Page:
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Sunday, 12 May 2019

Kleptocracies and Kleptocrats

Today The Sunday Times published its annual Rich List. As it happens, I’m also reading Guy Shrubsole’s new book, Who Owns England? Both reminded me of an old Blog, published here on 2 June 2011 (probably responding to that year’s Rich List) and now re-published more or less unchanged:

Half the world's nastier regimes are often described as kleptocracies. Those in power are motivated by a desire to steal money. So money coming in as foreign aid is siphoned off to private bank accounts and income generated from oil or mineral exports likewise. It's as easy as this:

An aid agency contacts the local Ministry of Finance and asks for bank account details so that it can shell out. Back comes the numbers of half a dozen accounts, no names, but actually: the President's personal account, his wife's personal account, his brother-in-charge-of-internal-security's personal account ... and ten percent to an account from which the Ministry of Health will spend money on the projects for which aid is being granted.

Much of the money will then be transferred abroad to countries like Switzerland and the UK from where it can be accessed if the Day of Downfall ever arrives - but also, just for shopping trips abroad to buy new houses, cars, yachts, shoes .....  See now Tom Burgis, The Looting Machine ( ). Nicholas Shaxson's book on tax havens, Treasure Islands also provides a lot of relevant detail.  

It's gone on for decades like that since the End of Colonialism and is part of the deal by which the West has kept oil- and mineral-rich regimes on side. France is one of the worst offenders: for fifty years, its governments have supported any regime in ex-colonial Africa so long as it is uncontaminated by any belief in Liberty, Equality or Fraternity.

But kleptocracies are nothing new. They have dominated world history.

I just finished reading Tony Faber's Faberge's Eggs, a careful and well-written study of the famous Easter Eggs which the Court Jeweller, Carl Fabergé, prepared for Russia's last two Tsars to give to their wives and mothers at Easter.

The Romanov family held on to absolute power in Russia for just over three hundred years - from 1613 to 1917. The veil they passed over their own kleptocracy was ingenious: since their word was law (that's what "Autocracy" means) whatever they did couldn't be stealing, could it? You can see where the communist idea came from.

Old style kleptocrats were less likely to keep their money in bank accounts, but they liked to keep a lot of it portable - just in case. So when in 1918 the Bolsheviks took the last of the Romanovs down in to the cellar of the House of Special Purpose in Ekaterinburg and lined them up to be shot, the Tsar's daughters obstinately refused to fall down dead from the bullets and required additional bayoneting and beating. Why? "The reason only became clear when Yurovsky [ in charge of the operation] began disposing of the bodies. The corsets of three of the grand duchesses contained eighteen pounds of jewellery, enough to make them armour-plated" (Faber, page 148). But the jewellery they had smuggled into their final exile was no more than a grain of sand from what the family really held.

Lenin famously sent out instructions to "Loot the Looters" - the modern equivalent would be "Freeze their Bank Accounts". And so by the beginning of 1919, "thirty-three warehouses around Petrograd were filled with antiques and other objets d'art", the contents of which were sold off over many years - notably in the USA -  to supply the new regime with much-need foreign exchange. There was much more besides, more valuable items, kept in secure vaults rather than warehouses.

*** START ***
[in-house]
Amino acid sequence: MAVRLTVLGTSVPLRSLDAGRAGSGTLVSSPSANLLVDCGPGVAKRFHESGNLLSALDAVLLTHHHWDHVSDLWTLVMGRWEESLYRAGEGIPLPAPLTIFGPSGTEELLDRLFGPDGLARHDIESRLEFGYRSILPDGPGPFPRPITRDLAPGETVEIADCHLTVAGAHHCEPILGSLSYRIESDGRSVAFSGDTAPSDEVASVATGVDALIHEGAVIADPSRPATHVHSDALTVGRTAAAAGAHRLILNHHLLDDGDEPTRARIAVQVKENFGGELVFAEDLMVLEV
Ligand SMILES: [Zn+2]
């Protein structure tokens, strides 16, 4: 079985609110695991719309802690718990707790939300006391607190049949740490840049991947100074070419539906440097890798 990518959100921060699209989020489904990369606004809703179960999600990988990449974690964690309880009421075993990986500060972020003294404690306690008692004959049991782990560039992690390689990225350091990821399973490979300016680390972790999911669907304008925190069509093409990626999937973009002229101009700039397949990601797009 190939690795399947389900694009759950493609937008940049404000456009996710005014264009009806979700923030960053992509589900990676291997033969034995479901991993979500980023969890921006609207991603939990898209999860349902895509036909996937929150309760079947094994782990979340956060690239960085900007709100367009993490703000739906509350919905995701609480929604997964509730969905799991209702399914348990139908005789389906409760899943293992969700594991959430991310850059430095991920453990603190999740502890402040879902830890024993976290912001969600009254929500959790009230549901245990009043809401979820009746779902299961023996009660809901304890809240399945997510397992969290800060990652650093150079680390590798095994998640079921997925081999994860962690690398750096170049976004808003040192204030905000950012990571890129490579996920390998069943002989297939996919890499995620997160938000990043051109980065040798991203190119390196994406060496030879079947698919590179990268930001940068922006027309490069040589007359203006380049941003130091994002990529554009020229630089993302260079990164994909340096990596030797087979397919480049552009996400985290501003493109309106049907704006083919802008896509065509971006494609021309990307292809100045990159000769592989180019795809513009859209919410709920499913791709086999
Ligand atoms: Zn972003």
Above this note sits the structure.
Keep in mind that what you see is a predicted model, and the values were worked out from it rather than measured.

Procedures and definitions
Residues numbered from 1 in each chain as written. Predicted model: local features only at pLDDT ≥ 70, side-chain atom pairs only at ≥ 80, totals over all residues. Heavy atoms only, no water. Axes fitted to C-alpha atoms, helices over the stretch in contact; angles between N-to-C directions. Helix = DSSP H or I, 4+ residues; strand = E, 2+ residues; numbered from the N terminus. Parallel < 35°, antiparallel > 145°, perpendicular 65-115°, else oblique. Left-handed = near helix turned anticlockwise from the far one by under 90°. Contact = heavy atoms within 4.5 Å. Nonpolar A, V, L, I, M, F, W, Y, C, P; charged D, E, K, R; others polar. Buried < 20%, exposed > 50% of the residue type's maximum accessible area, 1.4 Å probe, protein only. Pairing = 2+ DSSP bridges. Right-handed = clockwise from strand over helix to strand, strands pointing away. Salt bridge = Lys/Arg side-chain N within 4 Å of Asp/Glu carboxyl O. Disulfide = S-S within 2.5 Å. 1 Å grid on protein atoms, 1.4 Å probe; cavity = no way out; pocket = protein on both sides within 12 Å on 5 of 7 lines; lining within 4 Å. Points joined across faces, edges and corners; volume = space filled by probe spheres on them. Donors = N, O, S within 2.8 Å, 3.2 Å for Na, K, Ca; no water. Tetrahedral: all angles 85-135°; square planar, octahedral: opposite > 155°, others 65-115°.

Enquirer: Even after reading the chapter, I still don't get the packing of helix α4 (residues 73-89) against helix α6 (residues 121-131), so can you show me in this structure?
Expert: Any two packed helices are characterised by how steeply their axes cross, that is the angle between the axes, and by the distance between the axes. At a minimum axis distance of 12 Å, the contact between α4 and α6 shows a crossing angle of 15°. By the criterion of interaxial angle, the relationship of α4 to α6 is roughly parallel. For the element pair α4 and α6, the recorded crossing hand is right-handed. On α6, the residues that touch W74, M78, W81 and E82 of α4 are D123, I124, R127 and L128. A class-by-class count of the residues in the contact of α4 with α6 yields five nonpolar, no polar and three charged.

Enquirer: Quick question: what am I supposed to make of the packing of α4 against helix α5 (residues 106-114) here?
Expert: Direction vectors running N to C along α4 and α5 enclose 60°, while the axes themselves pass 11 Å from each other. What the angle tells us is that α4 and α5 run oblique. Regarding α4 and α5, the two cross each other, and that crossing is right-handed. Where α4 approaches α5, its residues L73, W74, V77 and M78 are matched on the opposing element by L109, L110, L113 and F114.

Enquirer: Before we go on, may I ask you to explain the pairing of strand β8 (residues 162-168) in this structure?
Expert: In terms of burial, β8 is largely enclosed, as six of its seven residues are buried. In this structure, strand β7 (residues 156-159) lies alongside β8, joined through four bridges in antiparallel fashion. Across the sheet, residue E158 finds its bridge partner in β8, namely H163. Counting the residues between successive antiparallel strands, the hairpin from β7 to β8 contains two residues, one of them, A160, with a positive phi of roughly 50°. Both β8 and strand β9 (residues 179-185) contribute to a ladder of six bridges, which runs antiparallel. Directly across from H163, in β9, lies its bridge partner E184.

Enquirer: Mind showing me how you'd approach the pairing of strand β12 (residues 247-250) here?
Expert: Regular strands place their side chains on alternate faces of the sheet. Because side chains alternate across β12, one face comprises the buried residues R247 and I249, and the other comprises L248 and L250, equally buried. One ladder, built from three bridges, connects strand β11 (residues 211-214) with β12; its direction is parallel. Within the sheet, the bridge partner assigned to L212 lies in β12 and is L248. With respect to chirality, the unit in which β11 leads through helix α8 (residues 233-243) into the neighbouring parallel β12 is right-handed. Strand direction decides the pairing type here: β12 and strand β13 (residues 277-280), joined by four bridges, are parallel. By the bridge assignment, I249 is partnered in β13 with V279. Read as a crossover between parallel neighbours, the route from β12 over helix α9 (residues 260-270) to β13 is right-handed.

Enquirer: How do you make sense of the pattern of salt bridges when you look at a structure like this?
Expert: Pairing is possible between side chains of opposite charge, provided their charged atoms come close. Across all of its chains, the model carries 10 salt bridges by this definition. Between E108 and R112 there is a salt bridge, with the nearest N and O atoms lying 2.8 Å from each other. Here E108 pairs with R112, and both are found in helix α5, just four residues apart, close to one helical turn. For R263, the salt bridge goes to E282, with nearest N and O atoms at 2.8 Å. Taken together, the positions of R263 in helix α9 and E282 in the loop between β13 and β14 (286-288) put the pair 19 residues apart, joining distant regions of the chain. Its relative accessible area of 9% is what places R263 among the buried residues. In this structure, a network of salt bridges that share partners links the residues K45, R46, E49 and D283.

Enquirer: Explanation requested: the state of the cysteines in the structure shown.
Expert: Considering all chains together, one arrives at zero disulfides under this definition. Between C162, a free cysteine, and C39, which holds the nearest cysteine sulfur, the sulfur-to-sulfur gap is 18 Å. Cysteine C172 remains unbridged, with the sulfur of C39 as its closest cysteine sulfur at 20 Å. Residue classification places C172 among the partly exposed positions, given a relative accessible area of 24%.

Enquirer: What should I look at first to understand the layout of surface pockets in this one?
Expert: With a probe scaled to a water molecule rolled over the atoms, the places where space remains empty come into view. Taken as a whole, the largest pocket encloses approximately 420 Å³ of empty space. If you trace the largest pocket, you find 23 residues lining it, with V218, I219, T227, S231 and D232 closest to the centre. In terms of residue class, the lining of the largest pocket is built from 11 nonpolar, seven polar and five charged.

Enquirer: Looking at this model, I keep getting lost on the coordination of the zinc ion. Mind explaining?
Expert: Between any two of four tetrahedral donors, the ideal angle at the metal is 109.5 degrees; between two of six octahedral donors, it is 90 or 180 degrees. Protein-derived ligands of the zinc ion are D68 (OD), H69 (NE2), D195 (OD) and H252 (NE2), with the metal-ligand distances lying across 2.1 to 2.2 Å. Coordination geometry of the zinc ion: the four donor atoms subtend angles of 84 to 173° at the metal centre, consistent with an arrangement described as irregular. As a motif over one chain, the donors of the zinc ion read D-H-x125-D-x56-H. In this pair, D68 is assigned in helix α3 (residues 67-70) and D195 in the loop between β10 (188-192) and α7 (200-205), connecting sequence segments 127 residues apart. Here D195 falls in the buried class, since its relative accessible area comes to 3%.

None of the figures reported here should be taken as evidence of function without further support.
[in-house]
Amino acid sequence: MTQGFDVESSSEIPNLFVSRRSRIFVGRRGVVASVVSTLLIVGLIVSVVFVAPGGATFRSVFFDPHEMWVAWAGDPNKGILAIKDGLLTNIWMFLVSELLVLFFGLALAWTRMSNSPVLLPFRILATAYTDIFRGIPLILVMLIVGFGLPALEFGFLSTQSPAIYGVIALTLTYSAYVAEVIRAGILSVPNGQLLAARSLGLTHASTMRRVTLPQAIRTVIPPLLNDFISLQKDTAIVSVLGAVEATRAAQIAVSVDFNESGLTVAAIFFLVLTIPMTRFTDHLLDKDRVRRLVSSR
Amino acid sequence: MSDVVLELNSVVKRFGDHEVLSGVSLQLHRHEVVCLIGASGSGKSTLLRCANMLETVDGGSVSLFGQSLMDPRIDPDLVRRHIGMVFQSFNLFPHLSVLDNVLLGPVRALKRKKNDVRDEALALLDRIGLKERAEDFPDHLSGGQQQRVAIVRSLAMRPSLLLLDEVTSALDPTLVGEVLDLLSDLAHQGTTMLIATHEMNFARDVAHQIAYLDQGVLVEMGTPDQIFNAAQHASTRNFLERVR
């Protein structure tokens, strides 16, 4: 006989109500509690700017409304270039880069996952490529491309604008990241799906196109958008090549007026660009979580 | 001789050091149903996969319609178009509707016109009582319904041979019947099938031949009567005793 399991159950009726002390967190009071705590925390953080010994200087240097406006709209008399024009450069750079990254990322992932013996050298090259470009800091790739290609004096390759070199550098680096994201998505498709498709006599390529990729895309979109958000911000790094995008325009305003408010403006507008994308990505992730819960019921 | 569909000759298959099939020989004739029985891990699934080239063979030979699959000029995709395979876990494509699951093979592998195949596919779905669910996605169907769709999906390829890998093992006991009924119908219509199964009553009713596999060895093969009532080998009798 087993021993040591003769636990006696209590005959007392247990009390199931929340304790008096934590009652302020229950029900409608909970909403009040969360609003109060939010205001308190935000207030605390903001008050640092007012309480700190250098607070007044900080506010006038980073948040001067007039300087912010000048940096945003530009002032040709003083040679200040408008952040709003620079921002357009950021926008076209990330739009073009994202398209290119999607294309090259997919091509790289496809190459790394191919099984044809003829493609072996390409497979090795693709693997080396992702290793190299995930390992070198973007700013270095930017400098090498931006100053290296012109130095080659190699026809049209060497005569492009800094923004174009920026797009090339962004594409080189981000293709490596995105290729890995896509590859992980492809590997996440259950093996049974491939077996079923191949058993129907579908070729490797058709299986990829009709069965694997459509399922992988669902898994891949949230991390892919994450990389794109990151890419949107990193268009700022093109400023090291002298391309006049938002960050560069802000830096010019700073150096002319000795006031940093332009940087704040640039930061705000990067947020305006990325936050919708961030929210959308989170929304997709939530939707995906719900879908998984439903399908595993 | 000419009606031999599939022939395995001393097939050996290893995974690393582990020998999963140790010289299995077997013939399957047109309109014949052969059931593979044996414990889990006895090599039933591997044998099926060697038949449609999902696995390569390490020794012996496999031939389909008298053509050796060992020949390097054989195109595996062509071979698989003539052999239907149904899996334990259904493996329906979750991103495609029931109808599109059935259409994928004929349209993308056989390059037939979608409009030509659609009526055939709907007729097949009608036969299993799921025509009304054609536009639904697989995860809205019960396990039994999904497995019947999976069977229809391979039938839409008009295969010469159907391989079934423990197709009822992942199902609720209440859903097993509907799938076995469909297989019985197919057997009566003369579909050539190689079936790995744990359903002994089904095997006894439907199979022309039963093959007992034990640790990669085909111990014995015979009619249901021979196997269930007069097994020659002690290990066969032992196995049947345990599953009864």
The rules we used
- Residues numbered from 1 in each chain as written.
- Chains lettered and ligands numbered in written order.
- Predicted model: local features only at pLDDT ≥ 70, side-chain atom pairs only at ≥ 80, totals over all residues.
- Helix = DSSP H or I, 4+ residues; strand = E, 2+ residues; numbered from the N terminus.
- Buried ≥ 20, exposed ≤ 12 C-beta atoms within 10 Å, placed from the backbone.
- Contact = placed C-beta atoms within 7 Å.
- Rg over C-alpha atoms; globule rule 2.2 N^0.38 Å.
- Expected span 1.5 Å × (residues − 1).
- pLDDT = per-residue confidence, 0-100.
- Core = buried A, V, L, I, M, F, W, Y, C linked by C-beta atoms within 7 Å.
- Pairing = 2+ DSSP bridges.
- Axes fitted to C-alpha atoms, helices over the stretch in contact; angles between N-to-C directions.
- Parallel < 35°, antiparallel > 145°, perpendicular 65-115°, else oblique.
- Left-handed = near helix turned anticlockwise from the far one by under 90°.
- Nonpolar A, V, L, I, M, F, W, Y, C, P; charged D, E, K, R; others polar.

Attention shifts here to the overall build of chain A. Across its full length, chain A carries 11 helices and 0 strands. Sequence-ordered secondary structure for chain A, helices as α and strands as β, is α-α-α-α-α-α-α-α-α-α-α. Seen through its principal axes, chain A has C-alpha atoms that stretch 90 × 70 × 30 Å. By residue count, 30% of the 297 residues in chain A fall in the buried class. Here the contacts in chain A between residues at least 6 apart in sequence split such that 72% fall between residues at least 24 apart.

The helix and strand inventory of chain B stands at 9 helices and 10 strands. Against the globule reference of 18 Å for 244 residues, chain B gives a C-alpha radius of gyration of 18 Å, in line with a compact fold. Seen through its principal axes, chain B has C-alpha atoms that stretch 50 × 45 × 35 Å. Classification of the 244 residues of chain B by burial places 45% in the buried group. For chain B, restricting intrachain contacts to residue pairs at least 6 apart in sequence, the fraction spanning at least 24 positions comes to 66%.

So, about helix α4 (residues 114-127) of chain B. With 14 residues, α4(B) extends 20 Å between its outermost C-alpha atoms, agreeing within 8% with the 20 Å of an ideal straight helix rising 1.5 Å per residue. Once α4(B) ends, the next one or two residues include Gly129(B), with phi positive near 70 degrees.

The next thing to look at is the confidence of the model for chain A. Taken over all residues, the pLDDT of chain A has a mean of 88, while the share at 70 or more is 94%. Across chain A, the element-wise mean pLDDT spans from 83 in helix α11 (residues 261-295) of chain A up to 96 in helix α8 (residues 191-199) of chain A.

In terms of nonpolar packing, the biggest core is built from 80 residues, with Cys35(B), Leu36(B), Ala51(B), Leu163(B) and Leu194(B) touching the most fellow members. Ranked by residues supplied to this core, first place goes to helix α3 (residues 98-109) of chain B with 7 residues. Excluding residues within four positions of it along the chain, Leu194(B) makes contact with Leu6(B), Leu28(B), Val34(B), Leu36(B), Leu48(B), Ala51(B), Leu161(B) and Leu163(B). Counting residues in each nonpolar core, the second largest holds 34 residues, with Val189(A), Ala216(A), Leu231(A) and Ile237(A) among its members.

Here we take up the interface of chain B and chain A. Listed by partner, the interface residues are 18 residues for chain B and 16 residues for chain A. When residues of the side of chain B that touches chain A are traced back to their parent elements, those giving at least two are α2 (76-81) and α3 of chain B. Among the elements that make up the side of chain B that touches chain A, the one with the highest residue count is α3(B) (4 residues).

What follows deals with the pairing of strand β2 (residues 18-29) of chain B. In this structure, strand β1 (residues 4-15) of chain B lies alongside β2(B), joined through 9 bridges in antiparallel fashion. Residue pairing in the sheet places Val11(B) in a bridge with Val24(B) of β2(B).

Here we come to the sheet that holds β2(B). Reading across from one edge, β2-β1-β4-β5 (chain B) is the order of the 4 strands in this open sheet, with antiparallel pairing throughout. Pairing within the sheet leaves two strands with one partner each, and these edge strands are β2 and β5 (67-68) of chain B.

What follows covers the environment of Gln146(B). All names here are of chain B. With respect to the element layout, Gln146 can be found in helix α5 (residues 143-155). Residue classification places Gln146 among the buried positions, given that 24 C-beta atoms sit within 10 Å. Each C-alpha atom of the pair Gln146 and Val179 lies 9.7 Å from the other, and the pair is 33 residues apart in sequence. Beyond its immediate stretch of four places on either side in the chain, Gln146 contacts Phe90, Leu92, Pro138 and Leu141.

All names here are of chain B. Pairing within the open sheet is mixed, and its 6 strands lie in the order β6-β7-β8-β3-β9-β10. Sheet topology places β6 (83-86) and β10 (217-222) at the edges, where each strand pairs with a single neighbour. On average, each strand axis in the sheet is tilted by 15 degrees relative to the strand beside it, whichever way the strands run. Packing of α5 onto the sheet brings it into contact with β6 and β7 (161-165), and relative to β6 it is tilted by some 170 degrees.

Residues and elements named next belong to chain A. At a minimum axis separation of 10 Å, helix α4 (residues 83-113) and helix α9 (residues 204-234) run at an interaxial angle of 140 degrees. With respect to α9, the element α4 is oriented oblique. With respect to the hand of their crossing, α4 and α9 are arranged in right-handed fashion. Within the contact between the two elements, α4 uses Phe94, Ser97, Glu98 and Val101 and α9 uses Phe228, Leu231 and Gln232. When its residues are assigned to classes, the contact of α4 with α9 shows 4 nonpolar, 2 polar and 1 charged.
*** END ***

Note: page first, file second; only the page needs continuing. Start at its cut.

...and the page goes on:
Carl Fabergé's son, Agathon - a gemmologist - had been imprisoned by the Bolsheviks in 1917 and eventually saved his life only by agreeing to describe and value the jewels the Bolsheviks had amassed. He eventually fled to Finland and passed the rest of his life as a stamp collector - my own work as a stamp dealer often brings me into contact with material from the vast collections he accumulated.

Occasionally, kleptocratic families harbour real kleptomaniacs, though they might be able to pass a veneer over their habit. Faber writes this about Queen Mary of Teck, wife of Britain's George V: "Owners of private houses were said to dread a visit; they would prepare by hiding whatever they had that was valuable or beautiful, for they knew that if Queen Mary saw an object, she might well admire it with open covetousness, dropping heavy hints until the treasure was offered to her. She would take it away with her there and then" (page 194). [ For more insight into the Royal Family's Grandma Swag, Jane Gardham's Old Filth has some entertaining details of her war-time evacuation to Badminton].

Kleptocracies are nearly all family affairs - modern ones are often called "republican dynasties".

There is one important exception: the Vatican. This is an institution which has sucked blood out of rich and, mainly, poor over centuries and has accumulated fantastic wealth, much more opaquely held than that of, say, our own Royal Family* . But it cannot be passed on as in a family because of the rule of priestly celibacy. You only get life-time enjoyment. That's not the kind of enjoyment the rulers of North Korea and Kazakhstan and a hundred other regimes are interested in.

* On the Sunday Times Rich List, the Queen is currently in position 257 with personal wealth of just £300 million, including a stamp collection, jewels, cars, horses, shares and properties personally held (Sandringham, Balmoral and others). Excluded is the Crown Estate (valued at £6.6 billion but controlled by the Treasury) and the Royal art collection (valued at £10 billion)

© Trevor Pateman 2011 and 2019

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